Chemical recycling is the chemical breakdown of a material into its basic building blocks.
Chemical recycling can be used on materials such as polyester and nylon to break them down into their basic building blocks and remove colorants and other contaminants. This process enables synthetic textiles, which couldn’t otherwise be recycled, to become recyclable. Mechanical recycling is more established, but chemical recycling allows for greater flexibility in quality, color and performance in the final product.
While chemical recycling is more energy intensive than a mechanical process, there are still environmental savings. When polyester is chemically recycled through a process called glycolysis, for example, leads to a 35% reduction in CO2 emissions compared to virgin polyester.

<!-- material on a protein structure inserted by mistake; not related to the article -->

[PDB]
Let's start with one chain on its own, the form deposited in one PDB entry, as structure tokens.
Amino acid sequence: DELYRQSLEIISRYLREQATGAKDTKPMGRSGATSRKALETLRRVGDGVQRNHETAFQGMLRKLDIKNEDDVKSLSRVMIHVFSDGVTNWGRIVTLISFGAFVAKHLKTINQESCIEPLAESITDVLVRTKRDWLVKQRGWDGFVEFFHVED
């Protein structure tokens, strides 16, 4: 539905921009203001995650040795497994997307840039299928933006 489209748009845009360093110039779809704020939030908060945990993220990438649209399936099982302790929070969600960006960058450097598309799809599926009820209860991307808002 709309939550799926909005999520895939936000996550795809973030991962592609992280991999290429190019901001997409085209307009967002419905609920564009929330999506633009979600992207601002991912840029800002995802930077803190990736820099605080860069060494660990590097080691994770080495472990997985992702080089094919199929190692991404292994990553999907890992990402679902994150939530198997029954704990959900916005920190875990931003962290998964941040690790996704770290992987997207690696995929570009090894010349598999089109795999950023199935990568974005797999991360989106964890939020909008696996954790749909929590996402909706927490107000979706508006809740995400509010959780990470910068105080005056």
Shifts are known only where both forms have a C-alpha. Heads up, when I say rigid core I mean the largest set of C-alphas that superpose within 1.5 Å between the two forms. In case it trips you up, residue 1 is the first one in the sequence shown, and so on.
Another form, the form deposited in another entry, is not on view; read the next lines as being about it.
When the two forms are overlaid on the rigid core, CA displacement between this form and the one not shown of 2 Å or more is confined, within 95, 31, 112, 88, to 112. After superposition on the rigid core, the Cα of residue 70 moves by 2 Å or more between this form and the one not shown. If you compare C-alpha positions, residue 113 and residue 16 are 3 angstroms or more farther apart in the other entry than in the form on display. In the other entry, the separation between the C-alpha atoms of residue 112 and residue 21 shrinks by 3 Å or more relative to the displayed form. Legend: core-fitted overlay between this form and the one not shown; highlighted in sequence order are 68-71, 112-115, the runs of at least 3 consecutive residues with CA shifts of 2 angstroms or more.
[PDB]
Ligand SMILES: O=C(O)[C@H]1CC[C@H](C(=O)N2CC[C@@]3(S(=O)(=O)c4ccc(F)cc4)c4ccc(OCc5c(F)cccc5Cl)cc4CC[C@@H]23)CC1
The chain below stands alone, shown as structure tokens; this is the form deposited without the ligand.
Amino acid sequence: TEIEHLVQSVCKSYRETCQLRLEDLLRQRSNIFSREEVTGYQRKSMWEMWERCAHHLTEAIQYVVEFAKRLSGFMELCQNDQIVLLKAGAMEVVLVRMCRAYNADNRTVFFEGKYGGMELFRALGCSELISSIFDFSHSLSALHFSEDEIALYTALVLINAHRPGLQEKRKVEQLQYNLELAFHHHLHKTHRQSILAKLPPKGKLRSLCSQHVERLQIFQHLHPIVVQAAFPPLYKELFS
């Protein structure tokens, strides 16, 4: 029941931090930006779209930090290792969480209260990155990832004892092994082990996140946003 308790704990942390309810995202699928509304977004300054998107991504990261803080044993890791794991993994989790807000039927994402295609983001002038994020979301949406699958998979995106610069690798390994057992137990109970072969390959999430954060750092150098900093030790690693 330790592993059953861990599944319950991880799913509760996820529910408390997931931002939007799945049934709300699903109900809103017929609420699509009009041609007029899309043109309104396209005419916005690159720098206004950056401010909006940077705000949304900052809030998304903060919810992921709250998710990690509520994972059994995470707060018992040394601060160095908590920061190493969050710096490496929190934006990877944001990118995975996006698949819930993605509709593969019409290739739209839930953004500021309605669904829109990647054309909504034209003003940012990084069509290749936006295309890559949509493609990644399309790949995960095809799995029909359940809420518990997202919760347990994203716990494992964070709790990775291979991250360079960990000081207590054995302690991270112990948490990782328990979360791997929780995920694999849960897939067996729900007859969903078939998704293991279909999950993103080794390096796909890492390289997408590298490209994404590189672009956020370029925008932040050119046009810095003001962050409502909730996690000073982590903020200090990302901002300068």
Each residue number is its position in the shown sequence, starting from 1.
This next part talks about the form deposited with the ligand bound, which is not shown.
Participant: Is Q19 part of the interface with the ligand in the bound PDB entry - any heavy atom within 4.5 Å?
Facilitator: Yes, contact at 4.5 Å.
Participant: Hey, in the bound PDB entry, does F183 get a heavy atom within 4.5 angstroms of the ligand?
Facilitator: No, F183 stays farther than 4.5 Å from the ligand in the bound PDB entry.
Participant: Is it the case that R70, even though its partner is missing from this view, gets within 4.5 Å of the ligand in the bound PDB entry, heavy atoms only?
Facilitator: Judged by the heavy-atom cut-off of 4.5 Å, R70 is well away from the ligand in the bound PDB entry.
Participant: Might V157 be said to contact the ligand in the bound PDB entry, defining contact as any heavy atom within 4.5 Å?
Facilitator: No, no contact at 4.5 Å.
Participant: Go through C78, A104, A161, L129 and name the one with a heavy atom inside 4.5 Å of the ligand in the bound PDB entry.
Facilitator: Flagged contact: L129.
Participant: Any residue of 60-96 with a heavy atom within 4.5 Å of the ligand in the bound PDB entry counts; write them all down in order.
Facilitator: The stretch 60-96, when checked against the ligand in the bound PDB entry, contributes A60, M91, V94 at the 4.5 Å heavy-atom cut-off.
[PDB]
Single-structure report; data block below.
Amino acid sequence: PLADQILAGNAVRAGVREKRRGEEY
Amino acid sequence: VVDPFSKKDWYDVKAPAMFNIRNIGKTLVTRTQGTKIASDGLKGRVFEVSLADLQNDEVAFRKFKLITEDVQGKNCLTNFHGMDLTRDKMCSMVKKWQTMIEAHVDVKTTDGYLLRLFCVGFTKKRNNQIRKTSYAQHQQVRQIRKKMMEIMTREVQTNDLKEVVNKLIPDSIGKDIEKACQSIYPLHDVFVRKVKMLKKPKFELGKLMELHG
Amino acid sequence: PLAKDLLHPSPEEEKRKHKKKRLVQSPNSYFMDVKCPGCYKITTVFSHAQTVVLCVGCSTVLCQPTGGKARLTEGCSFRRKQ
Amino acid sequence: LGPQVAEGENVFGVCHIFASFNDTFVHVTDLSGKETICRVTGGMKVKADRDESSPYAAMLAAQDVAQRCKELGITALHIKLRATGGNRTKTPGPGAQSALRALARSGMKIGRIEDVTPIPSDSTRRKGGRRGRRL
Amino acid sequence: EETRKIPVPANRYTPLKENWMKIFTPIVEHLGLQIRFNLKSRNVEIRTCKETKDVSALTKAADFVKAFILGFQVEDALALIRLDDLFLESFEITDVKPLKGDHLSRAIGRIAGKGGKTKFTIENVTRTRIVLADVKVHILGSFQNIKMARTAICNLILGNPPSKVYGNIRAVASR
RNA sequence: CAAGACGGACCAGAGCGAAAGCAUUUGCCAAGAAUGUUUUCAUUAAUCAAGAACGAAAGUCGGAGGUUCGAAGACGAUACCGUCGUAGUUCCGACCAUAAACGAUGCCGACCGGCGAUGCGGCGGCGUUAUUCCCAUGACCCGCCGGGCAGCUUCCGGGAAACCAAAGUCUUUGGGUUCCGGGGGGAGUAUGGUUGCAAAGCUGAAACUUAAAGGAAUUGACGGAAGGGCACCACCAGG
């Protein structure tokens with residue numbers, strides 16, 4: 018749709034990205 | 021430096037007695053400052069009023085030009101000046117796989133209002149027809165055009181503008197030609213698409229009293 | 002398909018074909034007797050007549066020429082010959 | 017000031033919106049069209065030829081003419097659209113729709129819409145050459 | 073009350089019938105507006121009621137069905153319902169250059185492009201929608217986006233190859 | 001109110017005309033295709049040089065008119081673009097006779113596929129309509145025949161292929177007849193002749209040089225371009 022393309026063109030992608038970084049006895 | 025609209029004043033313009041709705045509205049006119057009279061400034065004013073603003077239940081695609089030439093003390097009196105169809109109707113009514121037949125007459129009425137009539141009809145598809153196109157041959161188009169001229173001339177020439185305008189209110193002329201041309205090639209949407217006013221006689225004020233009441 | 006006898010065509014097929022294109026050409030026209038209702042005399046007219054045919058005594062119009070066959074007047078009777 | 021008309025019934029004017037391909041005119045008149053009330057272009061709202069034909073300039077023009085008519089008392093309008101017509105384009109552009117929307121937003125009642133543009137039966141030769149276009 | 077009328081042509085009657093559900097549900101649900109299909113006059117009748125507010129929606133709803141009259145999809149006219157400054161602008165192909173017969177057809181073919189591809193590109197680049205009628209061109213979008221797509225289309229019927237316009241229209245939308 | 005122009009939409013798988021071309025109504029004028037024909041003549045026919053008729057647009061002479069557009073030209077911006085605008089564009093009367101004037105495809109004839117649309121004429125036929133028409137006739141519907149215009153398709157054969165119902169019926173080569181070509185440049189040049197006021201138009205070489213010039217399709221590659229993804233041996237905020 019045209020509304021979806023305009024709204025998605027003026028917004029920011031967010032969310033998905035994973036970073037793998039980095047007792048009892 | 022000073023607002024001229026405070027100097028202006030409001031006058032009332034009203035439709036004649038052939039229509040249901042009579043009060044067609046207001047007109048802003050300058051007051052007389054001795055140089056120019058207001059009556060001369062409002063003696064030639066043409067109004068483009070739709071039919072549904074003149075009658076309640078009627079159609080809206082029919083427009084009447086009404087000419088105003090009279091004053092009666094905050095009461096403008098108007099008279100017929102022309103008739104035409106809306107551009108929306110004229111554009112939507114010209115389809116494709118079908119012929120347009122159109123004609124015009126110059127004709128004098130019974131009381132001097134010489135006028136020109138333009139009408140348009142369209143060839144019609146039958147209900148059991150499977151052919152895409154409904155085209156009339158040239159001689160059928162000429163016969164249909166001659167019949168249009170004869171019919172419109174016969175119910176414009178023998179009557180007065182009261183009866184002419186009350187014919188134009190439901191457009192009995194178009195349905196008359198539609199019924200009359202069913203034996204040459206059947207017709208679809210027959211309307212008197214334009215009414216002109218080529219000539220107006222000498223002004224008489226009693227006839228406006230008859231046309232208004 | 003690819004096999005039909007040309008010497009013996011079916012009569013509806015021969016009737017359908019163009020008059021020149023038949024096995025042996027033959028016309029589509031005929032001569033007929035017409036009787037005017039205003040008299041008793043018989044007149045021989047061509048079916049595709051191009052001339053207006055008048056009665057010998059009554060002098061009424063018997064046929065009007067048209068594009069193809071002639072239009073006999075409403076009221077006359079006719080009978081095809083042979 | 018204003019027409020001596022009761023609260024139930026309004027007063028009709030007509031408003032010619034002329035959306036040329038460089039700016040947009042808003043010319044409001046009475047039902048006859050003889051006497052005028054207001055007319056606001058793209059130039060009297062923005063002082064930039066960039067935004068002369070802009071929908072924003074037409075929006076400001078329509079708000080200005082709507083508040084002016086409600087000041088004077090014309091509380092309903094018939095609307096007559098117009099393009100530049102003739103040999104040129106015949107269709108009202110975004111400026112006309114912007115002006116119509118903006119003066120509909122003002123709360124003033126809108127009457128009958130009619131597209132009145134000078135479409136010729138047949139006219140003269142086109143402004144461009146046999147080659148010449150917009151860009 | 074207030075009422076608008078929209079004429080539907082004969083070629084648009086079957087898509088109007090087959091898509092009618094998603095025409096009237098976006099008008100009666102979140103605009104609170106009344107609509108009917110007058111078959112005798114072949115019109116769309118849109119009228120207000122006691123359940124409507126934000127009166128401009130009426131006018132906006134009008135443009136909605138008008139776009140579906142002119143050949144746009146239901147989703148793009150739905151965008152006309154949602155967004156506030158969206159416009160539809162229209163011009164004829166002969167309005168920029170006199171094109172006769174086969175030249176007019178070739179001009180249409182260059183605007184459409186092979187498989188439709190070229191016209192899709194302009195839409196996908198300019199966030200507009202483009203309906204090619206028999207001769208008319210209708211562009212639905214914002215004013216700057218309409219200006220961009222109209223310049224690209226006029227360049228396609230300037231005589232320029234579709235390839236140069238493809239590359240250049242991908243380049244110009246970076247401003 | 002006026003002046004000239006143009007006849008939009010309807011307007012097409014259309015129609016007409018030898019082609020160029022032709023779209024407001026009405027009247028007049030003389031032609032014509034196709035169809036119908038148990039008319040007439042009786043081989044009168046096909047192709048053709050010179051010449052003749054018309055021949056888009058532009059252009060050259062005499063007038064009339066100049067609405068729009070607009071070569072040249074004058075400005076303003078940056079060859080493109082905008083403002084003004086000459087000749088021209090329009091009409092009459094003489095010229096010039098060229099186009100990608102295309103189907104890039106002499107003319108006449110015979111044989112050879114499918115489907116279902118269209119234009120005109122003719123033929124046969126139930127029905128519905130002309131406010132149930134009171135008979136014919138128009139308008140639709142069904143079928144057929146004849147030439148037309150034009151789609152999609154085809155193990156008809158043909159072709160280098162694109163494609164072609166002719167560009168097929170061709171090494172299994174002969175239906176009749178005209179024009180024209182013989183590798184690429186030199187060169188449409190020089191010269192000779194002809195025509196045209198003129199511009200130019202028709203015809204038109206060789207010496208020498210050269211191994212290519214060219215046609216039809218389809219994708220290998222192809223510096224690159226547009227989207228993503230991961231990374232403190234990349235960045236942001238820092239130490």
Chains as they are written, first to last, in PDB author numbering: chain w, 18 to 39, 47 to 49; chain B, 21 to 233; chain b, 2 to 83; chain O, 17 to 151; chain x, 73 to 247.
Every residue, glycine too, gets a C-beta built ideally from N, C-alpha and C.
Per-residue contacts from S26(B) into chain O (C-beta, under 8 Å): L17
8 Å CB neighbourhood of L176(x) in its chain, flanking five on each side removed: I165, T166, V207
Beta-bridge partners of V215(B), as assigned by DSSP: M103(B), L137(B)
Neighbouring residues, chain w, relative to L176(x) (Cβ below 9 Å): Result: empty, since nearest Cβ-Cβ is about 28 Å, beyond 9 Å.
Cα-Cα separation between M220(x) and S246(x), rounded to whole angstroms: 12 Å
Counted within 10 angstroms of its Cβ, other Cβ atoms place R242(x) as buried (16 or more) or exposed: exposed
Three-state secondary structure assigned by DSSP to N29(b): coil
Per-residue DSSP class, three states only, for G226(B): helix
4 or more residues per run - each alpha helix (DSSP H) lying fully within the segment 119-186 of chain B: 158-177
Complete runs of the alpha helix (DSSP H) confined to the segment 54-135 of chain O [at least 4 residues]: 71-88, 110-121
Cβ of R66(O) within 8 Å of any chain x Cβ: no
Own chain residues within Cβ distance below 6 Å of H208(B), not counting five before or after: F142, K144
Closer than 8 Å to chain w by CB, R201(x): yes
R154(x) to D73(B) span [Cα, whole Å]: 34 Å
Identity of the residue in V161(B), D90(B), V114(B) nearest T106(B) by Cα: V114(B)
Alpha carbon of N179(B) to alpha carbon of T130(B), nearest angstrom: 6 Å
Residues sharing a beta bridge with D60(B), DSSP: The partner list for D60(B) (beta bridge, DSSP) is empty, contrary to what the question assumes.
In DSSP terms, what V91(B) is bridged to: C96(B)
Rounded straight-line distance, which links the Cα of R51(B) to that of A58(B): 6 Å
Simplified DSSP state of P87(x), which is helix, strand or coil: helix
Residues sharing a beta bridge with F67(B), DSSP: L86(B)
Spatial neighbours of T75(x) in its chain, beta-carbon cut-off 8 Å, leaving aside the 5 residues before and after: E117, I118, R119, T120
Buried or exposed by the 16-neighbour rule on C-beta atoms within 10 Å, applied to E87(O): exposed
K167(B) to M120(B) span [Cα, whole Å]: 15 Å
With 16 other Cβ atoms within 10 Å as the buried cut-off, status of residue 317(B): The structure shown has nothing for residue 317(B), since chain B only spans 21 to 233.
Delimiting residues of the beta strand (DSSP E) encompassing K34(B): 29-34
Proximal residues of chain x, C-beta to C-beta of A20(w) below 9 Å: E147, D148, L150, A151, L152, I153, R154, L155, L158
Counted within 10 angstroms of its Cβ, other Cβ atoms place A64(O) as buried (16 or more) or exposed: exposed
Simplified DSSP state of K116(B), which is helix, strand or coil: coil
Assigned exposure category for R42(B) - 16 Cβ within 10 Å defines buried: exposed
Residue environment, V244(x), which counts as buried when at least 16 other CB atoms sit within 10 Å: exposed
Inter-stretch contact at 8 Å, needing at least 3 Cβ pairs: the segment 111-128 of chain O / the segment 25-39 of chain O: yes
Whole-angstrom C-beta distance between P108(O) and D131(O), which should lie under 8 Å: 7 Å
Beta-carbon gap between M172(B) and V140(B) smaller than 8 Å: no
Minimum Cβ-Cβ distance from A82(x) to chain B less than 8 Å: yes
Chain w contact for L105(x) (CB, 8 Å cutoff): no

Turning waste into something new
Where We Are
Globally, chemical-recycling processes need more voices demanding that they exist. We’re participating, not just by using this process with synthetic materials like polyester, nylon and ECONYL®, but also with natural fibers such as REFIBRA® lyocell (essentially broken down TENCEL®). If others contribute to this demand, it will help bolster the needed support for more advanced technology and the necessary infrastructure on a global scale.
Chemical recycling of textiles lacks a well-established collection infrastructure (think of the scarcity of recycling bins for old garments to be taken to a recycling plant). Similar to mechanical recycling challenges, certain contaminants and blends, such as spandex in a jacket, make the chemical recycling of fabric challenging.
As we move toward using only recycled materials in the garments we make, chemical recycling is important to keep the quality and performance of our fabrics up to our standards. There is so much potential to turn the ugliest, dirtiest, least-desired waste into beautiful and useful fibers, materials and eventually garments that you’ll wear.
We continue to support the development of new chemical-recycling technologies and establishing solid supply chains.